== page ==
Sydney Hedges was not able to attend the Rosebud-Treasure County Fair in Forsyth over the weekend, but she was there—and not just in spirit.
While the 15-year-old was in Denver being treated for a recurrence of brain cancer, other members of her Red Rock 4-H Club in Colstrip were showing her miniature steer and lamb, which they had spent weeks feeding, bathing, grooming and clipping.
During the steer judging, one friend set up a FaceTime session so Sydney could speak with the judge. And throughout fair weekend, 4-H members took “flat Sydneys”—doll-size cutouts with a photo of Sydney’s face mounted on them—to virtually every corner of the fair, so that she could be with them, and they with her.
“They pretty much had the crowd crying almost all the time,” Cherish Dudley said. “It was pretty intense.”
Cherish’s daughter, Emma, was the 4-H member who showed Sydney’s lamb, and Cherish’s sister-in-law, Lyndsey Dudley, is a co-leader of the Red Rock 4-H Club with Sydney’s mother, Angie Hedges.
Hedges, who is with her daughter in Denver, said the weekend was “kind of bittersweet, because she wasn’t there with her animals to show, but she was very loved and very involved, like she was there.”
Sydney, who will be a sophomore at Colstrip High School this fall, was first diagnosed with brain cancer in 2011. She had two surgeries then, followed by extensive radiation and chemotherapy.
“We weren’t ever clear, but we were not progressing, as they call it,” Hedges said. Then, in April, another tumor was discovered on Sydney’s brain and she underwent surgery again in early June, which is now being followed up on by 12 weeks of radiation and chemotherapy.
Hedges’ husband Dan, who works as a mechanic for Western Energy in Colstrip, goes down to Denver on weekends when he can. The Hedgeses have one other child, 19-year-old Nathan.
Lyndsey Dudley said that when Sydney was diagnosed with cancer in 2011 and had to miss the fair that year, too, the 4-Hers tended her animals and saw to it that her 50-some projects were submitted to the fair. She regularly sewed with her grandmother and did other crafts with her, which accounted for some of her fair entries. She was also involved in cooking and photography.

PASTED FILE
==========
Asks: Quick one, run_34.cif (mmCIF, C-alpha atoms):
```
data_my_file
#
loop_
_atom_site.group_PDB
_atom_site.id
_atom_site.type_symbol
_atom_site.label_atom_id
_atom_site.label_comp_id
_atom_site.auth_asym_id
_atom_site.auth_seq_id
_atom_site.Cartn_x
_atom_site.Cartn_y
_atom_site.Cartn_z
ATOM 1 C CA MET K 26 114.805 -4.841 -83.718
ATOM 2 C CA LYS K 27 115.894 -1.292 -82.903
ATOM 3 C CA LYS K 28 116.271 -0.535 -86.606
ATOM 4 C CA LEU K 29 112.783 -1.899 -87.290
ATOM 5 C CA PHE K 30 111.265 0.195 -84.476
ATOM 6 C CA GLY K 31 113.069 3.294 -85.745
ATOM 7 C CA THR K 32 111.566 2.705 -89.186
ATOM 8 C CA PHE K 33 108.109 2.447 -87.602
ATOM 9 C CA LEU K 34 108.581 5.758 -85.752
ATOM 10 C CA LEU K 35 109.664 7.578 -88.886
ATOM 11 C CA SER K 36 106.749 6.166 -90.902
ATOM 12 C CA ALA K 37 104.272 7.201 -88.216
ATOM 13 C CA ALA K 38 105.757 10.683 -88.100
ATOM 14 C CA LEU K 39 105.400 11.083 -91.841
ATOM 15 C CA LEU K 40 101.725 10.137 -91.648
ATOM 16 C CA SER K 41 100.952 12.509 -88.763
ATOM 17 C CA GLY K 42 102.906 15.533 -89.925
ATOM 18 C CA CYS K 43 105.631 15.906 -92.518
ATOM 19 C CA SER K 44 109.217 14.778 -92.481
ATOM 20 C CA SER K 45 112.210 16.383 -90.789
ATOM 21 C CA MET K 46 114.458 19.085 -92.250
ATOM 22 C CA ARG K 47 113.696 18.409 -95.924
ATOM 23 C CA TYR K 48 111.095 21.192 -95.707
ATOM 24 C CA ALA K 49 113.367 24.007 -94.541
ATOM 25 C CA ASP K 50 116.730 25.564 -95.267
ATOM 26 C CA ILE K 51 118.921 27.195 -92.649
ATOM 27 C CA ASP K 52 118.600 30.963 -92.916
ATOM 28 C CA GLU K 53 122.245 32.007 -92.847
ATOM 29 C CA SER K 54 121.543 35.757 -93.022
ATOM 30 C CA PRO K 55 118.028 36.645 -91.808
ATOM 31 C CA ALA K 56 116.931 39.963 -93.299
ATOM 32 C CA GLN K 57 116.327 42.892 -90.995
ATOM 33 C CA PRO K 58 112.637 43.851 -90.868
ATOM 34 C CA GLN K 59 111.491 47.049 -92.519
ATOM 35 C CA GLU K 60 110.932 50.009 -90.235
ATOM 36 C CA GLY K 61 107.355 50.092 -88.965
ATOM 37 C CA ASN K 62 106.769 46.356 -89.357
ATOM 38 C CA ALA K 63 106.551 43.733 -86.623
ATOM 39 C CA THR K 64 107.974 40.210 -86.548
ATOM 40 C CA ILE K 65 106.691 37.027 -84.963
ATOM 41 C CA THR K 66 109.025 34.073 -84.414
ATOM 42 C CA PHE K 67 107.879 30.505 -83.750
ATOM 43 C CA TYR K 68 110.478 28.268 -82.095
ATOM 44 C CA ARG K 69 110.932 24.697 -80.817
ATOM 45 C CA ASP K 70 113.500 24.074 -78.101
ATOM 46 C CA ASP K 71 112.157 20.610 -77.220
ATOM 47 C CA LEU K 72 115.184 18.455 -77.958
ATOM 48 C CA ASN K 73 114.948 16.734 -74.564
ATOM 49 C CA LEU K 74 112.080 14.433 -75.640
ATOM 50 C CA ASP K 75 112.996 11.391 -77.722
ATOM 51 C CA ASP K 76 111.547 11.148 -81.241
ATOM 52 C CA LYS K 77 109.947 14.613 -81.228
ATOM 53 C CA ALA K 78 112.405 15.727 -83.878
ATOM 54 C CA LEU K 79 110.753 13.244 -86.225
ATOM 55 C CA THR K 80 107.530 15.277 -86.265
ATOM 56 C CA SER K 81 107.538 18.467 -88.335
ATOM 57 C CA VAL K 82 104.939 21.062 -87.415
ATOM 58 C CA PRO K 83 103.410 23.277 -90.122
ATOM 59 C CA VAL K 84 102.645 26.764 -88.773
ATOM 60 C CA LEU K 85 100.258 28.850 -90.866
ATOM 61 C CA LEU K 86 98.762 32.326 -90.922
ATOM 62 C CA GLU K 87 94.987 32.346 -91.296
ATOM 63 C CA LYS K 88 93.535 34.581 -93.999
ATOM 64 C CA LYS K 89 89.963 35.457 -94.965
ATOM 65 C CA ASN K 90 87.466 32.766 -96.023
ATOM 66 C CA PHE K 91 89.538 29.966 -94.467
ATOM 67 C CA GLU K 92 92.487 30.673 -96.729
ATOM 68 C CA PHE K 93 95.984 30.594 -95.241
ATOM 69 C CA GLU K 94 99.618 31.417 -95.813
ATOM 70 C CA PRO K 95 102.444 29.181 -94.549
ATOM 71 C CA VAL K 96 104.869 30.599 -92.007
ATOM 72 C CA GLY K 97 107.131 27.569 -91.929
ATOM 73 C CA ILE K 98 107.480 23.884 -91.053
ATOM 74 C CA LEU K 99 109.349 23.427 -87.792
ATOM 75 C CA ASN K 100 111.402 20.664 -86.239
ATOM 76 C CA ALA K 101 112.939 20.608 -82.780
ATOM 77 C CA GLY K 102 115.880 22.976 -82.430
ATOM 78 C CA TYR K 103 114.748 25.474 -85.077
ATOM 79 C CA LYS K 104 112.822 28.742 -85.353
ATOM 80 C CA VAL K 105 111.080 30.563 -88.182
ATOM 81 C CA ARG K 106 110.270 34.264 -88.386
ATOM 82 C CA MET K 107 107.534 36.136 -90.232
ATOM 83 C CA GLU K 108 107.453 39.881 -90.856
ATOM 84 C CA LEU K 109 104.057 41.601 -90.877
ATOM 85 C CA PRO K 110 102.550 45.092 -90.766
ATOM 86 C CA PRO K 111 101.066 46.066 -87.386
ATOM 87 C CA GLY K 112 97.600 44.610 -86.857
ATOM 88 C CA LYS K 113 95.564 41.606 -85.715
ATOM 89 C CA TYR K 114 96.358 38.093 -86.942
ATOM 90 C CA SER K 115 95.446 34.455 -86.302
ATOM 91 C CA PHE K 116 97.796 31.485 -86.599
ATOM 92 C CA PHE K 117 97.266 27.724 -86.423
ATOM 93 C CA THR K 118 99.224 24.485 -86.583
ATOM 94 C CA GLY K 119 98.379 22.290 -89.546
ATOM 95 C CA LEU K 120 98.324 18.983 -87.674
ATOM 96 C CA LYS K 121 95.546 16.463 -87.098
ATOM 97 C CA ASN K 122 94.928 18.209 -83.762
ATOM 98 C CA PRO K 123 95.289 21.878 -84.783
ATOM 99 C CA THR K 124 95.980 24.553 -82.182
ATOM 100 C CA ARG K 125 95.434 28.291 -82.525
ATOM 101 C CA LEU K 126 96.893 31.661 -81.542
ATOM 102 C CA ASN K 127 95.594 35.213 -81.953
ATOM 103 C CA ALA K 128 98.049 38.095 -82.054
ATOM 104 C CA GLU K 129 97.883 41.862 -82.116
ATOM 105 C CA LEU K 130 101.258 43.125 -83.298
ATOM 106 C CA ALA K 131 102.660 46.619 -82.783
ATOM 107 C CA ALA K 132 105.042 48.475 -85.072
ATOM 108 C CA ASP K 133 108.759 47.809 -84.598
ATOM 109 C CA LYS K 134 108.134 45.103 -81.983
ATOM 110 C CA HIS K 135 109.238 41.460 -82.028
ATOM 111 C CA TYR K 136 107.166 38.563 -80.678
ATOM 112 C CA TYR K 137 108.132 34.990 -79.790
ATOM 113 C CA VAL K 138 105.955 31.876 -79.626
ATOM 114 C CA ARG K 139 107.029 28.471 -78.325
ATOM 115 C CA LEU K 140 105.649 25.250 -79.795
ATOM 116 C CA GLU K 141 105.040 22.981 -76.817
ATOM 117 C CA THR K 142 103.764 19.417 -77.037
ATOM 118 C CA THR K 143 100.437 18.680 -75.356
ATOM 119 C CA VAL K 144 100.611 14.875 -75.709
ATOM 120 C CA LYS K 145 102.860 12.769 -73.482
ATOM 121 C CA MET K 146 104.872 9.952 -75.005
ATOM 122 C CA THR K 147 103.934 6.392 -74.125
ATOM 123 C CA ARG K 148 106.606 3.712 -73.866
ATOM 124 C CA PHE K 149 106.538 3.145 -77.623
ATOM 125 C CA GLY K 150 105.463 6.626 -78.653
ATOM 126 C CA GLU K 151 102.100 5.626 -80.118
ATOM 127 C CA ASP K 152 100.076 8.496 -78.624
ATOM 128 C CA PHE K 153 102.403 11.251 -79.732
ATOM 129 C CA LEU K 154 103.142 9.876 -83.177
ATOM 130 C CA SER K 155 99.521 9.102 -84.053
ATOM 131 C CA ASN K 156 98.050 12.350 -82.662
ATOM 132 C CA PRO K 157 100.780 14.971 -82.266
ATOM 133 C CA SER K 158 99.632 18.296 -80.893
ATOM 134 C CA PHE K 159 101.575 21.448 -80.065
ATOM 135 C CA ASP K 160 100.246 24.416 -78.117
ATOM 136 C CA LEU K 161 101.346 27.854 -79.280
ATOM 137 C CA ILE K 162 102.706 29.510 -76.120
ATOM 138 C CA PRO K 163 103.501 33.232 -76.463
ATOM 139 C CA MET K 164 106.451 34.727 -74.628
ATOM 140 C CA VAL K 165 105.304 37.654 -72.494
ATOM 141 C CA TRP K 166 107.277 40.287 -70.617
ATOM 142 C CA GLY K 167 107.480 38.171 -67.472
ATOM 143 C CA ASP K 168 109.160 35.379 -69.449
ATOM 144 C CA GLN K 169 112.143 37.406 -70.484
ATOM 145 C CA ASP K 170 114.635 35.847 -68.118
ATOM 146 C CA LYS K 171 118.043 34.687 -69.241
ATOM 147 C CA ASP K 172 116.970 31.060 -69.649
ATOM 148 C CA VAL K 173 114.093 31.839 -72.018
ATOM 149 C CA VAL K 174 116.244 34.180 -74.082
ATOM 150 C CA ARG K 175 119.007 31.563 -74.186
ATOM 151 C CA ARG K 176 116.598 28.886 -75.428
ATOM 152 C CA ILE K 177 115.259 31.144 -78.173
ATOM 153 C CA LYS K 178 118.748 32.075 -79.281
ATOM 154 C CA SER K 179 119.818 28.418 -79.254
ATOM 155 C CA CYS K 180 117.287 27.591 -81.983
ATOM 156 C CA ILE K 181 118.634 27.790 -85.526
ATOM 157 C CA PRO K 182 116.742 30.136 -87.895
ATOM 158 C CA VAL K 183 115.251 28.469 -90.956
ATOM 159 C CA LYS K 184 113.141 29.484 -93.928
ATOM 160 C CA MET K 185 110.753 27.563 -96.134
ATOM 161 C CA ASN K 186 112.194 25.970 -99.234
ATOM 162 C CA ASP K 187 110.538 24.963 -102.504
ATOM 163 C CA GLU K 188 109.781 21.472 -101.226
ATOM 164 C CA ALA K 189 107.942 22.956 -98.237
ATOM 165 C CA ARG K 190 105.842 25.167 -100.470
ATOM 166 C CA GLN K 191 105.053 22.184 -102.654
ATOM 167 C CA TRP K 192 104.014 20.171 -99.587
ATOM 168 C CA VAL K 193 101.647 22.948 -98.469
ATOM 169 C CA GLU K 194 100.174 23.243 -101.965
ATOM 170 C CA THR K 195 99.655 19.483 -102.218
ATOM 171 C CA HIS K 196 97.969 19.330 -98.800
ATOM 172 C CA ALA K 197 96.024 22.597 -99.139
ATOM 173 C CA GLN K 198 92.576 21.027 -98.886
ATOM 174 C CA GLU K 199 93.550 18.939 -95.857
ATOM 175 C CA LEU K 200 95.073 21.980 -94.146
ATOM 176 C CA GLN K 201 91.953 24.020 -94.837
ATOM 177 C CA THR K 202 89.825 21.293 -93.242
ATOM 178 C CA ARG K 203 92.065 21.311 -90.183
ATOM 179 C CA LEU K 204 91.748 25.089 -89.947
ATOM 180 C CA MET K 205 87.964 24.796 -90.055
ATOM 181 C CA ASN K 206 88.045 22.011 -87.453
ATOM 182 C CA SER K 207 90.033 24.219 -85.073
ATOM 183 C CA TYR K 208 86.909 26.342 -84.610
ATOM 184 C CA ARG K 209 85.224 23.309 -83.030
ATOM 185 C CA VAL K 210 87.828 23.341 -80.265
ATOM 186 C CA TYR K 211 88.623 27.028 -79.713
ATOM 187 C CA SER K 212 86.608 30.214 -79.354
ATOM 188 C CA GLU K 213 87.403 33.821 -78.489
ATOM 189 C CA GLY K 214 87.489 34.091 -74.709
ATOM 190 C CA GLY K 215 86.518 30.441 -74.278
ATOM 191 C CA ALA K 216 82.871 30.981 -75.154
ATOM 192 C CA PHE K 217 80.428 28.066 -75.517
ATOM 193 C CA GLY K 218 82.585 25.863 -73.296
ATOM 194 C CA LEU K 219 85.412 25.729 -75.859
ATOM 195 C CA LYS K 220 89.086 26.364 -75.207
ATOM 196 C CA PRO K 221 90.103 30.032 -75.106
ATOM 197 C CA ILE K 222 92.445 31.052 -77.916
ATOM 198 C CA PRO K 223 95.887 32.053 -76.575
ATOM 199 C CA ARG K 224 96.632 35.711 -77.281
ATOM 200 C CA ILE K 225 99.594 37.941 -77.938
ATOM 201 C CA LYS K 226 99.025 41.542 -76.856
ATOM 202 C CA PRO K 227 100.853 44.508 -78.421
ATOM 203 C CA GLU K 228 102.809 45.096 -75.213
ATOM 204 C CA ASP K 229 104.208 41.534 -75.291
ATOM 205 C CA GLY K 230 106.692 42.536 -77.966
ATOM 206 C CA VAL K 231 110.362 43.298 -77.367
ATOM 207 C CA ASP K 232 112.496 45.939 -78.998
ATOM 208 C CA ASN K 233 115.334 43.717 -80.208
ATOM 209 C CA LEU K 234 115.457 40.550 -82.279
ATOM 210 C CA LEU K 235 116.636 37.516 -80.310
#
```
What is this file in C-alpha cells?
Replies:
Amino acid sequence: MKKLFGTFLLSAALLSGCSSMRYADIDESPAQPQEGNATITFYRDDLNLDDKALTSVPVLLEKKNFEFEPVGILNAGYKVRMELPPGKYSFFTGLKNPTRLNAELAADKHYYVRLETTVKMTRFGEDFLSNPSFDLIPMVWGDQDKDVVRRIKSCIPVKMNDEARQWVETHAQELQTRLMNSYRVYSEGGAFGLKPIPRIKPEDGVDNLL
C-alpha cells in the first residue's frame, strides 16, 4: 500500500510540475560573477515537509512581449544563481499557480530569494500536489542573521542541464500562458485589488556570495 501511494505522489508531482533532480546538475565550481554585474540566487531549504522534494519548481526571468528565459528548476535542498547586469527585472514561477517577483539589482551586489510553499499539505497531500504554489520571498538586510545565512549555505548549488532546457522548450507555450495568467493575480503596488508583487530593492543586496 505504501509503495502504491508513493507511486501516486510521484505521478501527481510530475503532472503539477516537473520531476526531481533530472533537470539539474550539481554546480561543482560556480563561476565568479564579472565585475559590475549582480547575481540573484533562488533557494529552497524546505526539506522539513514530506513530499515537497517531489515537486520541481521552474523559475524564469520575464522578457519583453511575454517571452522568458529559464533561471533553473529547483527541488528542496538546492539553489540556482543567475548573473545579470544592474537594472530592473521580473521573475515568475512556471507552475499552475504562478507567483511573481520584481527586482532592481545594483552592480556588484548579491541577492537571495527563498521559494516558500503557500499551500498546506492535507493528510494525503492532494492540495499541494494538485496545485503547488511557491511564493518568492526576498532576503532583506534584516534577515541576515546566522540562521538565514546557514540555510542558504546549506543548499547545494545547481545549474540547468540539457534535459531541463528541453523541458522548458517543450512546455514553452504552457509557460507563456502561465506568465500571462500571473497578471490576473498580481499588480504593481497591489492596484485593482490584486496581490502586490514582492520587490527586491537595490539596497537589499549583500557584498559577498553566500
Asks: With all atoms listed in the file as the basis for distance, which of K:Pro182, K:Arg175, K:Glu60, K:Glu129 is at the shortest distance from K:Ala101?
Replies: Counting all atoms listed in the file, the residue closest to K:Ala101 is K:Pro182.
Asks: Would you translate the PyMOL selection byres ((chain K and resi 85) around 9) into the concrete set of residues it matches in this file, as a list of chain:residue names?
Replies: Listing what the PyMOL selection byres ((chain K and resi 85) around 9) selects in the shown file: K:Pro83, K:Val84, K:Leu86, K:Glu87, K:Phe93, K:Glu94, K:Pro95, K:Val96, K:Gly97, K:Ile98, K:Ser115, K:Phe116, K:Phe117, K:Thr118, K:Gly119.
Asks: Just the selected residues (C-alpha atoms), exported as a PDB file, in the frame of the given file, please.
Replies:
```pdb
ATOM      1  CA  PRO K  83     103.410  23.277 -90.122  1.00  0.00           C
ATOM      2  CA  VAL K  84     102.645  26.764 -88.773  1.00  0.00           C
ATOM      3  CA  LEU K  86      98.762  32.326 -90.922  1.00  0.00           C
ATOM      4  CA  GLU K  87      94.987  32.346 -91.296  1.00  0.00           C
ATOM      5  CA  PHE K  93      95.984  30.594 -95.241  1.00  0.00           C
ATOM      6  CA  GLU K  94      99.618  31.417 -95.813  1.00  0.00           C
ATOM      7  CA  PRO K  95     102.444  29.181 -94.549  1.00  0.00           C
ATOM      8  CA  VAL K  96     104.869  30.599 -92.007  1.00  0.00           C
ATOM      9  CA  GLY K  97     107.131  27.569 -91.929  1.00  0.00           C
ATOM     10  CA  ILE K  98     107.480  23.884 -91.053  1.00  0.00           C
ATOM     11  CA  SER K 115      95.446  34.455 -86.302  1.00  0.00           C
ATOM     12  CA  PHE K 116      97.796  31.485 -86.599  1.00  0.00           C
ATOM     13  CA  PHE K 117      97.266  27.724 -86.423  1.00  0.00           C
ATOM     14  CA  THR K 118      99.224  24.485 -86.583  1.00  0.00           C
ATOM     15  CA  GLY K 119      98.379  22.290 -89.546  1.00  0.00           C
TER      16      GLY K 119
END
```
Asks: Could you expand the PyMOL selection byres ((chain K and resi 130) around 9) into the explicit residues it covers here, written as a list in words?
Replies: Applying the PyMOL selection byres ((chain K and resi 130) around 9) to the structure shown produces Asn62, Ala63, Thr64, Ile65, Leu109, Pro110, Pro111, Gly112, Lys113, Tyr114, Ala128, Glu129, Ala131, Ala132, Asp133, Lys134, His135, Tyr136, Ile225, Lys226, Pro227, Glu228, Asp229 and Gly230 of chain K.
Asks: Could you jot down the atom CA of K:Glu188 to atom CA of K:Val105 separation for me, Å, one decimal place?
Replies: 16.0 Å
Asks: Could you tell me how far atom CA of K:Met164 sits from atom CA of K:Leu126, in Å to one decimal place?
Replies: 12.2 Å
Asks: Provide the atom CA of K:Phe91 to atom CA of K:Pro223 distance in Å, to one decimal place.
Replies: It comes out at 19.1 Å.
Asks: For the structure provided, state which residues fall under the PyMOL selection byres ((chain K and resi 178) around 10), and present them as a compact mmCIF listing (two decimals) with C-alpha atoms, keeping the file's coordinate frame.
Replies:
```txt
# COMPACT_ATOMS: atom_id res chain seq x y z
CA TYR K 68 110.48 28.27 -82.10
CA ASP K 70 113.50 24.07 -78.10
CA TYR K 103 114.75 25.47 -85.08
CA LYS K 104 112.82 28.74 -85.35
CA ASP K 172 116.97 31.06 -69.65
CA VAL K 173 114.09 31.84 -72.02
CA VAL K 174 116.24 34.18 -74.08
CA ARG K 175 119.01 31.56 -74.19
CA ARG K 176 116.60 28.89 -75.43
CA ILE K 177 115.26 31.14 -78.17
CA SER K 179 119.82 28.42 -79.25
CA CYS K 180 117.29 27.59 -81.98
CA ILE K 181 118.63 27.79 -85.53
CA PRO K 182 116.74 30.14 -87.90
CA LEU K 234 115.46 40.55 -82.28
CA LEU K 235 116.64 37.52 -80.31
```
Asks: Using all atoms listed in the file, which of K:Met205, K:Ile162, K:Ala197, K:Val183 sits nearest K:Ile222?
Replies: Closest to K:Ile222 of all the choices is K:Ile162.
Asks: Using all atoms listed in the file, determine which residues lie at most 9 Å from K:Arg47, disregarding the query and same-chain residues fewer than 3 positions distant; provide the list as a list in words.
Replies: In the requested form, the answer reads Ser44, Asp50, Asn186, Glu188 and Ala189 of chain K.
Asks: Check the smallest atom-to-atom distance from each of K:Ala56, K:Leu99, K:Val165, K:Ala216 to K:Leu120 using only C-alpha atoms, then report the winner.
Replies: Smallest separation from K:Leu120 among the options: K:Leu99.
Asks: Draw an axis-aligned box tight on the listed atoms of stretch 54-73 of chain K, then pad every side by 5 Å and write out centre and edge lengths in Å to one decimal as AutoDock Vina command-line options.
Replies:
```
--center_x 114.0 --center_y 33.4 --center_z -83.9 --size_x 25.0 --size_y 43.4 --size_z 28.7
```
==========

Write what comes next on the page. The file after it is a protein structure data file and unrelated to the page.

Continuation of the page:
In addition to raising sheep and miniature steers, she bred goats and sold them to other 4-H members and also raised dogs and cats she’d show at the fair.
“The first year I went to the fair, she had this stack of projects,” Lyndsey Dudley said. “And it’s no joke: it would take two pages of entry forms for her to enter everything. She’s so serious and prolific about it.
“She’s always been our poster child for someone who embraced everything 4-H can offer.”
Cherish Dudley said Sydney really threw herself into her animals and her fair projects after her illness forced her to give up volleyball and basketball. The other members of the 4-H club were amazed at all she did.
“The kids feel like it was quite an honor to be able to represent her at the fair,” she said.
In addition to the FaceTime session, the 4-Hers sent Sydney text messages throughout the fair, and there were regular updates on the club’s Facebook page, including numerous photos of various friends and family members with the “flat Sydneys.”
“It was really a group effort,” Cherish Dudley said. “They all jumped in.”
Emma Dudley, who showed Sydney’s market lamb, said it took first place out of 20 entrants. Sydney’s steer won first place, too—though he was the only one in his class. Her animals went for about $4,000, thanks to generous bidding, Lyndsey Dudley said, and donations were collected at the market stock sale, bringing in another $4,000.
Angie Hedges, whose family has been in Colstrip for eight years, said she wasn’t surprised by the kindness and generosity shown this weekend.
“It’s a great community,” she said. “Anybody in need—they all step up to help.”